ClickSwitch Holdings Inc., a Minneapolis fintech firm, more than doubled its staff during 2019, its founder said, and has started to attract some of the nation's biggest banks to use its technology.
The closely held company now has more than 60 employees and a new office in the North Loop that is already getting tight, just a few months after leaving its previous space near Target Center downtown.
"We're just hammering down on growth and hiring," Cale Johnston, the company's founder and chief executive, said in an interview last week.
The company created a system that banks can use on their websites and apps to quickly sign up and transfer customers who have direct deposits and bill paying automated at other banks. It began to grow quickly after taking its first outside investment in the summer of 2018.
For now, Johnston said the company is well capitalized and routinely turning down offers from investors. "We've tried to stay smart and not outraise ourselves," he said.
ClickSwitch initially concentrated on selling its technology to small and midsize banks, often as an add-on to direct-deposit technology sold by large payroll-processing firms. But over the past year, the company built its direct marketing force. Last fall, the company hired Eric Edwards as chief revenue officer. Edwards was formerly an executive at Finastra, one of the largest fintech firms in the world, and Fiserv Inc., the Milwaukee-based provider of digital tools for banks.
Last month, ClickSwitch made its technology available for integration with Finastra's products. It has also forged direct contracts with three of the nation's top 25 banks and is in talks with others, the two executives said without discussing specifics.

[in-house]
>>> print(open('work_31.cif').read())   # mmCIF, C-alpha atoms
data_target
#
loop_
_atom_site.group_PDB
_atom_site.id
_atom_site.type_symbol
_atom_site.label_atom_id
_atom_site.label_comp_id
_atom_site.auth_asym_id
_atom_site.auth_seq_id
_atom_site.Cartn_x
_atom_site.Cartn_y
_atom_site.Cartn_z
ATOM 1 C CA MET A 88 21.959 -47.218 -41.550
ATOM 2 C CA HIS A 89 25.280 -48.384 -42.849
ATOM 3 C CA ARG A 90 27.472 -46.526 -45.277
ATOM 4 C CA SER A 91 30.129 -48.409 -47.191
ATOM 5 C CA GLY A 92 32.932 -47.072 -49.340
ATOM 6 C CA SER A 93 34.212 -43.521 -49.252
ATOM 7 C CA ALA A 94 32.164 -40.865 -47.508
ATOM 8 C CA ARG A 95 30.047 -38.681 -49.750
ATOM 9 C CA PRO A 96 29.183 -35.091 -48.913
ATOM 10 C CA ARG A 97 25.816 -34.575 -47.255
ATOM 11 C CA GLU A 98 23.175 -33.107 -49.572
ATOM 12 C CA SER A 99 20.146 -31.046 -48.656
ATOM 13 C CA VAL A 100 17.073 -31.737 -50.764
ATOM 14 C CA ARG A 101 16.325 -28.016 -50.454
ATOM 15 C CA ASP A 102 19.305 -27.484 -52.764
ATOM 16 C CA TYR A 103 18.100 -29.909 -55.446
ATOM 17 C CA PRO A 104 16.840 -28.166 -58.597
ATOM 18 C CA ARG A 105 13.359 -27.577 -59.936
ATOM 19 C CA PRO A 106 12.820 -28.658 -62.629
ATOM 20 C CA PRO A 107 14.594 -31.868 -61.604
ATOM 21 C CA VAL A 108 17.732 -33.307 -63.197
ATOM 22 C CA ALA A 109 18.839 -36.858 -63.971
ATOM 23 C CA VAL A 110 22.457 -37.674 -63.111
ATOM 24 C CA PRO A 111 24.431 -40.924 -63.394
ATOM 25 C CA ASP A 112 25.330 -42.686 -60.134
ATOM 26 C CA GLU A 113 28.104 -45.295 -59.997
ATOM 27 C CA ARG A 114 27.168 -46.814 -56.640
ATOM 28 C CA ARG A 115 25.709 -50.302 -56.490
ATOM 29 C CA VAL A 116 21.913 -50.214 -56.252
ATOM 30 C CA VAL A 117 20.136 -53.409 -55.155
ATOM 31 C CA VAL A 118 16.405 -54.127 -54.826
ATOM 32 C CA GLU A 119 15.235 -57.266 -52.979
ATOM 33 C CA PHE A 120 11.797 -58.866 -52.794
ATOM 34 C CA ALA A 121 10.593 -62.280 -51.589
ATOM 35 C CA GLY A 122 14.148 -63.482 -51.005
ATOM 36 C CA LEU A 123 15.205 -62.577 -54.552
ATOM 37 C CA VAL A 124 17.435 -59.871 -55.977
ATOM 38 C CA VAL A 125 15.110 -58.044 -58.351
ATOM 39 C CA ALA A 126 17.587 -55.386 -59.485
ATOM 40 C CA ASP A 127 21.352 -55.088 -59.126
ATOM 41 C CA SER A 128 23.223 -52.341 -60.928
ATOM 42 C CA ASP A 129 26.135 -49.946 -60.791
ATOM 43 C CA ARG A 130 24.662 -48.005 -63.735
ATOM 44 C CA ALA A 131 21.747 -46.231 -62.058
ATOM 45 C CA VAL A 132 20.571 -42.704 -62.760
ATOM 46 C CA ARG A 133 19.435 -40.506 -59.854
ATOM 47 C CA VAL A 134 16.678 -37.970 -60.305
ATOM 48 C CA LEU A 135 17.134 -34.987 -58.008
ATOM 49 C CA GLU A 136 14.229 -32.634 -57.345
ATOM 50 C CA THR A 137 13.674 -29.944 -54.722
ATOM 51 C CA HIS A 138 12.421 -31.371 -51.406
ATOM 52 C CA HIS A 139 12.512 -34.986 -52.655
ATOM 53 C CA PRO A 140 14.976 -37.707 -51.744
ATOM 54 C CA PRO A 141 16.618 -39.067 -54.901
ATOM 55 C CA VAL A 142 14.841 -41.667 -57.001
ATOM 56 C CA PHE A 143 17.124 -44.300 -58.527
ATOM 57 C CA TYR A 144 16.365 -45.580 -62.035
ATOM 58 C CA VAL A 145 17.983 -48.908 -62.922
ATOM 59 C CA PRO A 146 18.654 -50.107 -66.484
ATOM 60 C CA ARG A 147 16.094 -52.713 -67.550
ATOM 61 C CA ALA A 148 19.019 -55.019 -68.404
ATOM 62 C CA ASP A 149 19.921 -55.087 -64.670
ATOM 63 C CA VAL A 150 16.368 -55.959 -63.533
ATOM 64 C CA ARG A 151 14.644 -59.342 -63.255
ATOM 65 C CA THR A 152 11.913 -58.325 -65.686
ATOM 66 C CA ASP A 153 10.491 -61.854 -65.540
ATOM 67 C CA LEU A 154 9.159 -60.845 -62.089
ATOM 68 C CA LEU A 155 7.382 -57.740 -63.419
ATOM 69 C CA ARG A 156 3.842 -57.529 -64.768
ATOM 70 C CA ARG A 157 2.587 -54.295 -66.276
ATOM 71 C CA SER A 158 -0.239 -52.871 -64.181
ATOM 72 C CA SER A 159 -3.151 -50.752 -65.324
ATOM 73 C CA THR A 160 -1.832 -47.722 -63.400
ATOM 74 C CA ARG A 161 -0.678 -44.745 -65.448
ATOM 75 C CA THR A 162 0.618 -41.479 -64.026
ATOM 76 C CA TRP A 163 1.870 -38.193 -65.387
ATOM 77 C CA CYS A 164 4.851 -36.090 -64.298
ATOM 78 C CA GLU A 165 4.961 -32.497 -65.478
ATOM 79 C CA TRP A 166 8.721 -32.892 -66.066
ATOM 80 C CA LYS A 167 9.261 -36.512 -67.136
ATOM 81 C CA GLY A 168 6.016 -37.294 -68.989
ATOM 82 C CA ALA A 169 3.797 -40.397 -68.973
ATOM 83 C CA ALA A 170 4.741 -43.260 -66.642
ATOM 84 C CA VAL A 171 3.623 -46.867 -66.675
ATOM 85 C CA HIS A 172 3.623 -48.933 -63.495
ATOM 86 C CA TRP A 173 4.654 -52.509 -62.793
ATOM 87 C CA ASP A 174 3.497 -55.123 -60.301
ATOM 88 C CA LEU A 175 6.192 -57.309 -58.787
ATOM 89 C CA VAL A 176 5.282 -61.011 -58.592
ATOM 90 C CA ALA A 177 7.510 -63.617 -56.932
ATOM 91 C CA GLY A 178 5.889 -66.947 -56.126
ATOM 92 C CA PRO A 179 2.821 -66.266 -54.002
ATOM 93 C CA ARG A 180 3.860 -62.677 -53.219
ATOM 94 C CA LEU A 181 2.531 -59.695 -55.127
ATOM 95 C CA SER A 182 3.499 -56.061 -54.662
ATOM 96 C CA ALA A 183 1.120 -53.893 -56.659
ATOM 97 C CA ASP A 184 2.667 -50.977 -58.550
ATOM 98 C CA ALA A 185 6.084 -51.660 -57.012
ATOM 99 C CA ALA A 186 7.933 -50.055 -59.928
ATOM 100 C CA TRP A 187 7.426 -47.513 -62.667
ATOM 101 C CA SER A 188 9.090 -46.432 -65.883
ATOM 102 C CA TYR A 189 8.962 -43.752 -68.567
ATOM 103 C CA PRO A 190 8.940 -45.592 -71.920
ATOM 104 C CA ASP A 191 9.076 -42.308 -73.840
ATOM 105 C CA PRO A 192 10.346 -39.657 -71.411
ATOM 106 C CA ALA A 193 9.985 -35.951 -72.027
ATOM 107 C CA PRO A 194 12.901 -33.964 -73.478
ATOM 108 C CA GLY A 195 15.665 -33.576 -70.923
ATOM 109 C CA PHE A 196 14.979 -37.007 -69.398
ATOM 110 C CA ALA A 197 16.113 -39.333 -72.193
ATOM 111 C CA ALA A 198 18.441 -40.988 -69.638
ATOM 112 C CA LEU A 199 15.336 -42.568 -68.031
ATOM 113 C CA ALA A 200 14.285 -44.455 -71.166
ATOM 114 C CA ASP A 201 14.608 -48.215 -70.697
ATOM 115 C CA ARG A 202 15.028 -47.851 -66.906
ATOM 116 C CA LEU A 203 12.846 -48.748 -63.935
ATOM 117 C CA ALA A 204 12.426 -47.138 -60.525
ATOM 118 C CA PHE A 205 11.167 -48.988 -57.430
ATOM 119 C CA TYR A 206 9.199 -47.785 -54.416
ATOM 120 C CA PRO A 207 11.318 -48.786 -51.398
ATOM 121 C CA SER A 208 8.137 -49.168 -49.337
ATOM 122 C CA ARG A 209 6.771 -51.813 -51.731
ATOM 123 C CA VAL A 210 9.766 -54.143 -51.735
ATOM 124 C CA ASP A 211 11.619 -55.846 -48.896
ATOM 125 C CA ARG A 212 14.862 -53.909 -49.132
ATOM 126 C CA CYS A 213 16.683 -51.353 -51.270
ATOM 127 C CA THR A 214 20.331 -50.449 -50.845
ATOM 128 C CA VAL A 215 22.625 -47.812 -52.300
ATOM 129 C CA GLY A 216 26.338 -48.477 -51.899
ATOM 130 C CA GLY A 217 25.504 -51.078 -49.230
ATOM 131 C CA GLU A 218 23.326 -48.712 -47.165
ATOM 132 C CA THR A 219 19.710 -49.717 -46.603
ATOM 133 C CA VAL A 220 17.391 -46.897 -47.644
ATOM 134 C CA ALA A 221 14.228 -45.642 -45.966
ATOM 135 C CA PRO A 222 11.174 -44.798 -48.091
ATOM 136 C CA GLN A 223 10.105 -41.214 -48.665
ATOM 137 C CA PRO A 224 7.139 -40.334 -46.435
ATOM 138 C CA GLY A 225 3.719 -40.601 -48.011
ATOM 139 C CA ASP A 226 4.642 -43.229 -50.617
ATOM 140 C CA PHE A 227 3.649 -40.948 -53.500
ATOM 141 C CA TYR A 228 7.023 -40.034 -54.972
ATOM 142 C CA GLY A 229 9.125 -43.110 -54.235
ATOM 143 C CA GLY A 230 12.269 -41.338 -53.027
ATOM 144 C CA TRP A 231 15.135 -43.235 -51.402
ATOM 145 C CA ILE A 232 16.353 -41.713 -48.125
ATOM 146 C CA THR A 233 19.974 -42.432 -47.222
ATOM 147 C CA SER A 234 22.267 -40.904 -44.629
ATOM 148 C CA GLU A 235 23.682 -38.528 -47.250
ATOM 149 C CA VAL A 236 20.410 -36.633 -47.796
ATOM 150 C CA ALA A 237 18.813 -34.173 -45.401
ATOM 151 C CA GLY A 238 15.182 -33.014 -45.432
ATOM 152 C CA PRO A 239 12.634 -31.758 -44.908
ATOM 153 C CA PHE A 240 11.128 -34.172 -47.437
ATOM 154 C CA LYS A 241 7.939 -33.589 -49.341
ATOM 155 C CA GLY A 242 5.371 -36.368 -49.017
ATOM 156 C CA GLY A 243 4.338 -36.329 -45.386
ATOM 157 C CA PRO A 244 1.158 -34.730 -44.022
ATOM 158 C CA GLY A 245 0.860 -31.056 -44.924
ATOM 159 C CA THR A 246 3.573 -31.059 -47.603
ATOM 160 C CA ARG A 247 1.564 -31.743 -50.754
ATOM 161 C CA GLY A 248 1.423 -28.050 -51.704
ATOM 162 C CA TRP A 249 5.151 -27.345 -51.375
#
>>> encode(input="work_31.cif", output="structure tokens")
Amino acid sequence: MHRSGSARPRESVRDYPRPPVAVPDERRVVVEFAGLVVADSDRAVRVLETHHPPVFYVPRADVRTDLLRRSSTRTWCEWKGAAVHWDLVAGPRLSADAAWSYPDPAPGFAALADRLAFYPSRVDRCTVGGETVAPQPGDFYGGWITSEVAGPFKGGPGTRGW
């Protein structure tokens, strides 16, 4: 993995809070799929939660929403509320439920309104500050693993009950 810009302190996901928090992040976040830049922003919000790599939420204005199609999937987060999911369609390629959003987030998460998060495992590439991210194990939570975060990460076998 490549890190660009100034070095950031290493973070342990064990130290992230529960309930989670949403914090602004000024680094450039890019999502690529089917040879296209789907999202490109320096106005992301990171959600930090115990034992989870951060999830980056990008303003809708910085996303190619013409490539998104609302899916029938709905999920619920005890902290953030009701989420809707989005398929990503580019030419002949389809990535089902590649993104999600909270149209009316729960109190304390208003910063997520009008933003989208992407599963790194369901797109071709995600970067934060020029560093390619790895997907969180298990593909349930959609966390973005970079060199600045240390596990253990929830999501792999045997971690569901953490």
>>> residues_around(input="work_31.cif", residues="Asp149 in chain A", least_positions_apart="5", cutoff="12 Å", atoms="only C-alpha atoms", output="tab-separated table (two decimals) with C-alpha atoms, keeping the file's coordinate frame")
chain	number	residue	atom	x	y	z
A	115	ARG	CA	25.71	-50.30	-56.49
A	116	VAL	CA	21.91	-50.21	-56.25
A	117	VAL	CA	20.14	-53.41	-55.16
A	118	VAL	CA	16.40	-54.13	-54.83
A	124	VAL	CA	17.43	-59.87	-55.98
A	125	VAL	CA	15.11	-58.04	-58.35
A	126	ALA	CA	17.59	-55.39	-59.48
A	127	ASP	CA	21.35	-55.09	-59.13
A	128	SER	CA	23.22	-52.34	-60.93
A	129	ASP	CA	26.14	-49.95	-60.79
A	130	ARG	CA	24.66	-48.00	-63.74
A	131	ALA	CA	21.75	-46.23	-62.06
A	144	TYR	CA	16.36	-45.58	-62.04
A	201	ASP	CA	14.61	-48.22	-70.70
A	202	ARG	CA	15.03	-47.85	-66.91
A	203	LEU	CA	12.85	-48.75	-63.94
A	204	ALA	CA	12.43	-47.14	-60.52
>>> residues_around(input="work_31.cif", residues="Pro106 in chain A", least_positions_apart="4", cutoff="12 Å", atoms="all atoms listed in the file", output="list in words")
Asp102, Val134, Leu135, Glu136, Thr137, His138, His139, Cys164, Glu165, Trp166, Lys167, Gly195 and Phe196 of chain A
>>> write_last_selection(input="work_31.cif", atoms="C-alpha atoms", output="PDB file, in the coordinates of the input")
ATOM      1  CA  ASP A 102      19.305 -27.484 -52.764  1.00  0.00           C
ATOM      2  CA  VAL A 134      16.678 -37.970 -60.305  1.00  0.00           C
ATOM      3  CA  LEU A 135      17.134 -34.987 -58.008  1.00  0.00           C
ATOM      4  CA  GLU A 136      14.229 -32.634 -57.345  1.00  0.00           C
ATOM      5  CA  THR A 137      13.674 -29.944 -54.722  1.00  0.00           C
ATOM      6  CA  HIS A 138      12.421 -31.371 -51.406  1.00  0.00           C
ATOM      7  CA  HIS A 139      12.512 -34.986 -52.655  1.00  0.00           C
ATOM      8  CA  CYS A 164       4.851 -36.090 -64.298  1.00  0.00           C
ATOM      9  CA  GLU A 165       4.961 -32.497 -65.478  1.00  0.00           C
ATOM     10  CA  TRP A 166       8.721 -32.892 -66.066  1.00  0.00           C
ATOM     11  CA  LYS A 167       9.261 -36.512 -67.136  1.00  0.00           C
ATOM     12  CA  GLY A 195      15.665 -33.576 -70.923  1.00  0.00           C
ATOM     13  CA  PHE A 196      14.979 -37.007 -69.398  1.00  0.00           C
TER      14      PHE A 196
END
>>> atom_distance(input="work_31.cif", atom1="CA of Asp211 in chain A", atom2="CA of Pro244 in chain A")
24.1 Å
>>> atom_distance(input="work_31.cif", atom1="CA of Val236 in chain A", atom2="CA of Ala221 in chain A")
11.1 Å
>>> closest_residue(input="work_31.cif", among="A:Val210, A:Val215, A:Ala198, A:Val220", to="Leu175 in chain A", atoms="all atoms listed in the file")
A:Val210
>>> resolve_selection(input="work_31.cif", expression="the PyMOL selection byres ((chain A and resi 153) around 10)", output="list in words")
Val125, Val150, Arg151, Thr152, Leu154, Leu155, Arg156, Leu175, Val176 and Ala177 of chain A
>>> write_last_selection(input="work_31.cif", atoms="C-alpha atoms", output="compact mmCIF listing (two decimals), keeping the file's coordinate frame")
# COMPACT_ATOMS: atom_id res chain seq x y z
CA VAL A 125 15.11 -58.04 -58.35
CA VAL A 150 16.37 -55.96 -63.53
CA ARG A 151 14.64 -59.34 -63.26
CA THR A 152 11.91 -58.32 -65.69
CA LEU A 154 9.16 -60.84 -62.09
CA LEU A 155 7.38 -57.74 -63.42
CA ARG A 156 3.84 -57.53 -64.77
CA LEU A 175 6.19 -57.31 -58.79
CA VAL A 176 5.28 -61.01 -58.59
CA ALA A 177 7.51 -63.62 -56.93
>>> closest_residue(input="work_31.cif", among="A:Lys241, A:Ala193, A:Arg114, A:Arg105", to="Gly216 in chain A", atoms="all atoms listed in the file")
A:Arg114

"We're trying to do a push for the Tier 1 financial institutions," Johnston said, using industry classification that refers to funding sources. "We continue to serve the midmarket banks and credit unions as well as the challenger banks."
"Challenger banks" represent a relatively new segment of the banking world, chiefly well-capitalized startup firms that deliver services online and through mobile apps. Some long-established firms have created challenger banks, as Goldman Sachs with its Marcus unit. Others have bought rising players, as Intuit did with Credit Karma in a $7.1 billion deal last week and Visa did with Plaid in a $5.3 billion deal in January.
Johnston said ClickSwitch technology is used by a handful of challenger banks, but they have become high-volume customers because they attract so many new depositors. Some of the newer firms use special offers — such as providing payroll funds a day or two early, or making small loans in a blink — to attract customers.
"It's a market where banks need to catch up with some of the innovations," he said.
A year ago, ClickSwitch relied more heavily on human interaction to double-check and confirm some of the account changes it helped facilitate. But that process is more automated now, Johnston said.
"There's no more man in the middle," he said. "Our transaction volume grew 350 percent last year and you can no longer rely on manual processes when you're growing at that rate."